By Duke Staff
Students of Duquesne, where have our manners gone?
Gumberg Library recently announced a new policy for finals week: Students who leave their unattended belongings on tables in the library for too long will have their items confiscated and held at the front counter for pick-up. This is the library staff’s latest effort in its battle against students who use their backpacks, coats and laptops to reserve library tables for hours at a time, while they go to classes or get food. The problem was so severe last spring that students wandered up and down library floors, looking for empty tables, only to find every table filled with students or stuff.
The fact that the library staff will now have to use their time policing the library’s aisles, timing students’ absences and hauling away belongings is ludicrous. How did we let things get this bad? It seems common courtesy is absent from our student body.
Finals week is difficult for everyone. Every student is desperately trying to complete a mountain of projects and papers, while studying furiously and remembering to eat and sleep. It can be challenging to find the perfect place to get work done, and the library’s large tables and easily-accessible printers certainly make it a desirable studying destination. Why would you seek to deny your fellow students the opportunity to work there? They are having a week just as bad as yours, if not worse.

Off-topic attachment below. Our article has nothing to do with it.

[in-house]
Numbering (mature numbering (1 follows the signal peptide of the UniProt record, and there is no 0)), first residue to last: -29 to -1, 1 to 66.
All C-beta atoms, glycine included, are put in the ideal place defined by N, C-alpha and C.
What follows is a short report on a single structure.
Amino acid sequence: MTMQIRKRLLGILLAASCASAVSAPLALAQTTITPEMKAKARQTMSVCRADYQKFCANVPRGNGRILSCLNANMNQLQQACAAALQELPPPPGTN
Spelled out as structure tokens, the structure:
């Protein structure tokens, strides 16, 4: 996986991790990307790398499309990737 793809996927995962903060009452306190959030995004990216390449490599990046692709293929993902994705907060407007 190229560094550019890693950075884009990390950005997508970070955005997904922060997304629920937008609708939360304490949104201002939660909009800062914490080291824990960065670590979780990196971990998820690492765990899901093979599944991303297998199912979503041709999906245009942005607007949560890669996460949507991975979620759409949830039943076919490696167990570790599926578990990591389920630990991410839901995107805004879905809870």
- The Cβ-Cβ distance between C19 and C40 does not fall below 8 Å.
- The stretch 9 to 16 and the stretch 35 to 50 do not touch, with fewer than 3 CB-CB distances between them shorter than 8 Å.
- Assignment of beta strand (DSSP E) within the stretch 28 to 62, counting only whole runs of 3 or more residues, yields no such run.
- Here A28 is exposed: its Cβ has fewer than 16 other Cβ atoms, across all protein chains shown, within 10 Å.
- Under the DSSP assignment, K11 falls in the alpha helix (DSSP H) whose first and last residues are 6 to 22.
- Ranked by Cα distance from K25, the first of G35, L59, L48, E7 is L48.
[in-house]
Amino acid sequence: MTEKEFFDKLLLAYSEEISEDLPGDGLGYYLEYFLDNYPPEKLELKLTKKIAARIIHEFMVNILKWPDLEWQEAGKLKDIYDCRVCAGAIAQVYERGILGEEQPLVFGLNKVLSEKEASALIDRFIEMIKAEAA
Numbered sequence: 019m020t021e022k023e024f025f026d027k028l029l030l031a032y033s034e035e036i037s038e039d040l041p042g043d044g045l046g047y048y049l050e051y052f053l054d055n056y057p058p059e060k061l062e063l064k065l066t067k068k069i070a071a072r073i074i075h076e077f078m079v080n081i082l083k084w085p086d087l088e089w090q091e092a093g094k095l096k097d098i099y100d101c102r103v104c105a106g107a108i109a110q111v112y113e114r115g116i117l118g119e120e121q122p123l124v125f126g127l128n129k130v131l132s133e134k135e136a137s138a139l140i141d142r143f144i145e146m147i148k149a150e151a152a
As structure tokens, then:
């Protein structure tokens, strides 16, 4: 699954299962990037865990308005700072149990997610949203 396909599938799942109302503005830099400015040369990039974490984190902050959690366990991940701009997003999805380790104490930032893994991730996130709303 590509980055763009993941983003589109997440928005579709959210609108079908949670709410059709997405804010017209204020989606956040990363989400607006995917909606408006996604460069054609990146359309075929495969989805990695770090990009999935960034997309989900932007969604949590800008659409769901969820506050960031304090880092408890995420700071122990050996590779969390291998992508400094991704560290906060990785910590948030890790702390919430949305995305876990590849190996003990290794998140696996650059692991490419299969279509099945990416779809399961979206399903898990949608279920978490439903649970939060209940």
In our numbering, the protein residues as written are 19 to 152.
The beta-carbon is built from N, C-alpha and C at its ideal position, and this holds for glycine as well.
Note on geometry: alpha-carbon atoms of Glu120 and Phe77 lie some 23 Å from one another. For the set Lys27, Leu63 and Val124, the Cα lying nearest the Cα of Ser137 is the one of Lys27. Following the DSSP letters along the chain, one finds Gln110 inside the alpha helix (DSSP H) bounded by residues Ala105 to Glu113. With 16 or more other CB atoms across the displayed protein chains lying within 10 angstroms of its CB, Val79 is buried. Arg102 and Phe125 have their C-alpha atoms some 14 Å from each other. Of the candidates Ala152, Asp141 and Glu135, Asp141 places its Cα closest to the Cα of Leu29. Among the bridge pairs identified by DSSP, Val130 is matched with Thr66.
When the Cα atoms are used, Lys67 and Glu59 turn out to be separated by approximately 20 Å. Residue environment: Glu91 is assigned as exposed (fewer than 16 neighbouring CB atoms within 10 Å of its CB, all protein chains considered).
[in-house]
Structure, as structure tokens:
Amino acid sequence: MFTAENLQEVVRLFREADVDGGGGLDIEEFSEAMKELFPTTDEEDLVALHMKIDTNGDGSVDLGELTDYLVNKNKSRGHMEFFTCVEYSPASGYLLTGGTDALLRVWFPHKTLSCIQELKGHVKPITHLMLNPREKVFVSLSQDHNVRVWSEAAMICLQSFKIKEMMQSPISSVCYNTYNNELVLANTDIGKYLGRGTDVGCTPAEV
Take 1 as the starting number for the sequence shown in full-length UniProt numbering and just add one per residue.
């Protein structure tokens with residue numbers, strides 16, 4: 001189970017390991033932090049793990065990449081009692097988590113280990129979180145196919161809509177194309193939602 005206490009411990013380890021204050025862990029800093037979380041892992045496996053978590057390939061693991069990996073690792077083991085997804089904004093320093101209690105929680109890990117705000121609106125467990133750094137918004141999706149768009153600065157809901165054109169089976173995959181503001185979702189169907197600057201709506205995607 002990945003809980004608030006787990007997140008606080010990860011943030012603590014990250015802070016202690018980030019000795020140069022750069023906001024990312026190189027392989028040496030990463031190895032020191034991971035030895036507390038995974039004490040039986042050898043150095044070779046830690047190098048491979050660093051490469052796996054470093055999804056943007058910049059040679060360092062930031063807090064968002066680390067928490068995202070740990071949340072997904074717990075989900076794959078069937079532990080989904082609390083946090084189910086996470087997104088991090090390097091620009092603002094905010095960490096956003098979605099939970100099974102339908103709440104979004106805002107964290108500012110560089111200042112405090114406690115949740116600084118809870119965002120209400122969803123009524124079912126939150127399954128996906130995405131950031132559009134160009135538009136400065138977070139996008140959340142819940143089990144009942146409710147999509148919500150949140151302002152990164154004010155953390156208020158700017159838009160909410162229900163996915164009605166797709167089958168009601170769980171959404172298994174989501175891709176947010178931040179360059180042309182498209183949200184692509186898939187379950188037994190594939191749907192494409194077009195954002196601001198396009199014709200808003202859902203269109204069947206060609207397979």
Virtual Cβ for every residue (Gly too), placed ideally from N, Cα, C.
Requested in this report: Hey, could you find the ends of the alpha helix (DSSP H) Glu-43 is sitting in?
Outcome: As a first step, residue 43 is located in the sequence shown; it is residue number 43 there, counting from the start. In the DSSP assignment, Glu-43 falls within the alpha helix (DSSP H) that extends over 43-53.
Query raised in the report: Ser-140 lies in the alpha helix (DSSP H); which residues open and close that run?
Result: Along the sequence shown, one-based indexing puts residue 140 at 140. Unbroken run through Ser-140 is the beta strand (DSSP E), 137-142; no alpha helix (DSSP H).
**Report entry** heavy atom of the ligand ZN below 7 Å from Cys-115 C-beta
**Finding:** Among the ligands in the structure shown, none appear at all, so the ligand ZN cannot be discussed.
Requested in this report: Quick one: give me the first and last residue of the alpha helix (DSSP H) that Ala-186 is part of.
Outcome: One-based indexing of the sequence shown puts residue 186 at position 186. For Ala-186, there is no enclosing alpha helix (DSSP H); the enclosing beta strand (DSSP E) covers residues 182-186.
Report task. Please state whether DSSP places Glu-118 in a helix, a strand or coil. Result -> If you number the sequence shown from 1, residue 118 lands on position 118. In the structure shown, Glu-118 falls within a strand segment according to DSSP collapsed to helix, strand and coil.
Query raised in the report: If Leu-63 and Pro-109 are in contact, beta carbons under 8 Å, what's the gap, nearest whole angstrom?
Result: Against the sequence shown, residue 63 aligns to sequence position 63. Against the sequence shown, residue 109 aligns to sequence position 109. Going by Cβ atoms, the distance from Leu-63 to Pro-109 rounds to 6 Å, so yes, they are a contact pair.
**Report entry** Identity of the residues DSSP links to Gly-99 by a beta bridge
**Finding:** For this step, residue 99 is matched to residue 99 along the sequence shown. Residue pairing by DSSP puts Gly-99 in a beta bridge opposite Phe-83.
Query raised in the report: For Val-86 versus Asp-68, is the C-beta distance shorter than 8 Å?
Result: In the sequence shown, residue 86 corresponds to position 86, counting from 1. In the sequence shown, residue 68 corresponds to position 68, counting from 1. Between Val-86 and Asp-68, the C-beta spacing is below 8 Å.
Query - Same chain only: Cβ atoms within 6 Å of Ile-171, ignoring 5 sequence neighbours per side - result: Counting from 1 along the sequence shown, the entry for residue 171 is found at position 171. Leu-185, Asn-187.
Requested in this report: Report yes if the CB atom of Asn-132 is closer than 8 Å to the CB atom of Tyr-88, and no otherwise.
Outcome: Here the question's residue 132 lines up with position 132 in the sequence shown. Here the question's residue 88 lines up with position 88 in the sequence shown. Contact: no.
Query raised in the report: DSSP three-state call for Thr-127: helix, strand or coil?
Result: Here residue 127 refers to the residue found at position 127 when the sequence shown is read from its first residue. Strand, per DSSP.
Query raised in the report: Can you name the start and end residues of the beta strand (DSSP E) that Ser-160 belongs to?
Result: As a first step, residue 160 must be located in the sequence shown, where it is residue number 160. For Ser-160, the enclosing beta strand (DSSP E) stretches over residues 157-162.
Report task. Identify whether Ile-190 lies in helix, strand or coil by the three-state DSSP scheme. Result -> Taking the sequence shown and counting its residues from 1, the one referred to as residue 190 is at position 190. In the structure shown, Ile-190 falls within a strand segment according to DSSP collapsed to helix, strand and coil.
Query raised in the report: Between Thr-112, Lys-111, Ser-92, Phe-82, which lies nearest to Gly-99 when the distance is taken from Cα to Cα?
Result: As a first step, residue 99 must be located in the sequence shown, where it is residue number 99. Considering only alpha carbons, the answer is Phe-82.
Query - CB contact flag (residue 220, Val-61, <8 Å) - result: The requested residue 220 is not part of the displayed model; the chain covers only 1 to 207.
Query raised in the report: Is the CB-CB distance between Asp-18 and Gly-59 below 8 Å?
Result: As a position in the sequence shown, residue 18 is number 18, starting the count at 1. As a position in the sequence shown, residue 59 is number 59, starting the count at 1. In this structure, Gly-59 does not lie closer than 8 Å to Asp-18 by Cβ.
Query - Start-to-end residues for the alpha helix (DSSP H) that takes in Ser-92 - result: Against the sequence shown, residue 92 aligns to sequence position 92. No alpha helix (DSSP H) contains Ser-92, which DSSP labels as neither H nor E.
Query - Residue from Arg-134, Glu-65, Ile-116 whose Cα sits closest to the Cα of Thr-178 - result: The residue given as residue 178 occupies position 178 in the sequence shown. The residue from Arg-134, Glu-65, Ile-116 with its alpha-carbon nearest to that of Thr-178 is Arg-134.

We would be remiss not to point out the irony of this problem in the midst of the Christmas season. Regardless of your faith, Christmas is a time to show kindness to your fellow man, not to commandeer people’s study areas.
If you are working in the library and need to leave — for food or class or a nap — take your things with your and return later. If every table is taken, find another place to study! Try the Barnes & Noble cafe on Forbes Avenue or go off campus. The Beehive Cafe or the Starbucks on East Carson Street are both great alternatives to the library.
We are a community here at Duquesne, and just like other communities, ours has unwritten rules that make things nicer for everyone. Just like you don’t litter all over your neighborhood or cut in line at Wal-Mart, don’t hog library tables for hours at a time. If we all use the library for a couple hours, then leave so someone else can have a chance to study, things will run more efficiently for everyone. And your librarians will thank you.
Sharing is caring, after all.